Foreign imports ruled the roost for a long time, bringing in much-needed benefits, before the BCCI brought in Ravi Shastri as director.With many improvements among Indian staff, the board may not look abroad.
IN 2000, when A C Muttiah was the president of the Board of Control for Cricket in India (BCCI), something new happened in Indian cricket.
Match-fixing had done its share of harm and one of India's most prominent cricket names, Kapil Dev, who was the coach of the national team stepped aside because his name was dragged into the controversy. The Azhars and Jadejas had gone. Sachin Tendulkar relinquished captaincy and Anshuman Gaekwad, who had been Kapil Dev's predecessor, became his successor in just over a year's span.
Then came one of the biggest moments in Indian cricket. Raj Singh Dungarpur on behalf of the players proposed to Muttiah the idea of bringing in a foreign coach. The request from the players was understandable. Rahul Dravid, Sourav Ganguly and V V S Laxman were a talented bunch, who needed a different kind of guidance to evolve into better cricketers and thereby complement the likes of Tendulkar and Anil Kumble, who by then were already there. That Dravid had spent considerable time in Kent playing county cricket and picking the brain of John Wright helped India zero in on a candidate. When BCCI first advertised for the coaching job, three candidates were shortlisted: Wright, Greg Chappell and Mohinder Amarnath. Chappell was the frontrunner, before his huge pay demands eventually paved the way for Wright.
In his book, Indian Summers, published after he left the job, Wright chronicled what he encountered on his first day in office. Butlers serving tea to players before a training session and physio Andrew Leipus having to manage a long queue of cricketers who wanted their fingers taped. There was much casual jogging. Then it began to change. One regular in the team then recalled the incident, speaking on condition of anonymity: "Before John came, there used to be practice sessions, but some of the seniors did their own thing and the youngsters didn't know what to do. John changed all that. He and Andrew made the training sessions more intense. The rigour was new to a lot of us and John pushed us hard. I remember a camp in Bengaluru just before the series against Australia in 2001. It was the most rigorous camps I'd encountered. One senior player started begging John to relent and all of us laughed about it. But later we understood what Wright brought in."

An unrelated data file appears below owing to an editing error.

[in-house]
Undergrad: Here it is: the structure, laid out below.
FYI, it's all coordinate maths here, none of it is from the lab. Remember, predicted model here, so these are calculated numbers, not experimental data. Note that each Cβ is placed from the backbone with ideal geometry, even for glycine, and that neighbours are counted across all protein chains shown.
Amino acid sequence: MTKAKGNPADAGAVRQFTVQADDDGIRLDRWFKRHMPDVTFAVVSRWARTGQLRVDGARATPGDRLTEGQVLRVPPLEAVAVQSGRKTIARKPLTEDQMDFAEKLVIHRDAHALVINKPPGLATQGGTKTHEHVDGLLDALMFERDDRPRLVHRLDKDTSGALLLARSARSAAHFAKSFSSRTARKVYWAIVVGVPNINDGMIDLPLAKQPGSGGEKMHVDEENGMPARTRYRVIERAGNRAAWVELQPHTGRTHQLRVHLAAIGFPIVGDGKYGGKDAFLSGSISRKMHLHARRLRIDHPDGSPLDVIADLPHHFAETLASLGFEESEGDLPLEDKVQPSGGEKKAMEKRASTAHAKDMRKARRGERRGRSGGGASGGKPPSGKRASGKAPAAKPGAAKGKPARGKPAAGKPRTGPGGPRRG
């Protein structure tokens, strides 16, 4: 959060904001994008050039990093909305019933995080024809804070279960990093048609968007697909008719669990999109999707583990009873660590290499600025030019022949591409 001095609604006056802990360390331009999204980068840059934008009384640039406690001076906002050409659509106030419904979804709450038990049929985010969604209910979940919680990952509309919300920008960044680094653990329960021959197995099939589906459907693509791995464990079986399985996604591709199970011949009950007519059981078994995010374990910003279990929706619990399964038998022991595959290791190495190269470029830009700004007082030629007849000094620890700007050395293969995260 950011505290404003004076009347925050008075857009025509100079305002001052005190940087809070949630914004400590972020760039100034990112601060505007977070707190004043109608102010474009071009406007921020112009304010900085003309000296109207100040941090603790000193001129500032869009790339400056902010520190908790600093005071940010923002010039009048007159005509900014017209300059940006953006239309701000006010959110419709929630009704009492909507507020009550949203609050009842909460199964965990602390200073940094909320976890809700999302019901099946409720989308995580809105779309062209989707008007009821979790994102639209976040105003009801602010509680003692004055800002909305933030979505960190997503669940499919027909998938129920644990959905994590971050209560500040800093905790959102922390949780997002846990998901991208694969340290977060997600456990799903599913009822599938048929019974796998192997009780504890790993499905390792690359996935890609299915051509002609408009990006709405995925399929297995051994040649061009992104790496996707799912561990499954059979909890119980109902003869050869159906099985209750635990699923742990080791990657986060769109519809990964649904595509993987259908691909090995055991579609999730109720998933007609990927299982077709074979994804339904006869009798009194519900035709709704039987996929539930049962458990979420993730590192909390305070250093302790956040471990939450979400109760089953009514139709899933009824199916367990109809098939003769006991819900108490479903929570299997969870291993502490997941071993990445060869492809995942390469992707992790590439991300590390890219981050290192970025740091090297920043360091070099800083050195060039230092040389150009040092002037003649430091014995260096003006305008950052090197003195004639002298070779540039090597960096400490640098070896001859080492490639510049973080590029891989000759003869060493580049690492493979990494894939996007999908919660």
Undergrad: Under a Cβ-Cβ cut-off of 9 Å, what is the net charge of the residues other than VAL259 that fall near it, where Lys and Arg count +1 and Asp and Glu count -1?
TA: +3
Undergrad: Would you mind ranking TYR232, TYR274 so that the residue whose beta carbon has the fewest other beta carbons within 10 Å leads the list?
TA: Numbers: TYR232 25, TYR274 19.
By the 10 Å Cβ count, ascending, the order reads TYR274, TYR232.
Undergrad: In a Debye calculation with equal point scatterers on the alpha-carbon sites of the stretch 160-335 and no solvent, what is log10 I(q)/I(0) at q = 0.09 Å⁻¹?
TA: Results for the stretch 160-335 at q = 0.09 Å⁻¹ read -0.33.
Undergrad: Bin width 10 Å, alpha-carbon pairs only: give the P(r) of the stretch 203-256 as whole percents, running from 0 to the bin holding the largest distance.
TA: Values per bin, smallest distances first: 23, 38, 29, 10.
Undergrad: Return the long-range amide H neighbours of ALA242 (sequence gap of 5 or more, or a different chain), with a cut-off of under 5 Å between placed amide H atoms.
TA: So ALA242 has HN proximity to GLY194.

When the choice was Wright
Before Wright came in, BCCI had never given much thought to the coach's role. He was selected on the basis of reputation or the reigning power play in the board. Ajit Wadekar was officially India's first coach, followed by Sandeep Patil, Anshuman Gaekwad and Kapil Dev. But all of those appointments were made without looking at the long term.
One BCCI official who interviewed Wright and other candidates for the post in 2001 says, "I remember that when Dungarpur expressed the need for a foreign coach, a few eyebrows were raised. It was a huge gamble and a lot of former cricketers were against it. Back then, the BCCI was not the professionally run setup that it is now. We had certain flaws, and there were rumours of the Indian coach favouring certain players, and the match-fixing scandal had just rocked our boat. At that time, the only way to get people back to watching cricket was if the team won, and it was decided that a foreigner should be brought in to make this team a world-class unit. And that is what Wright did."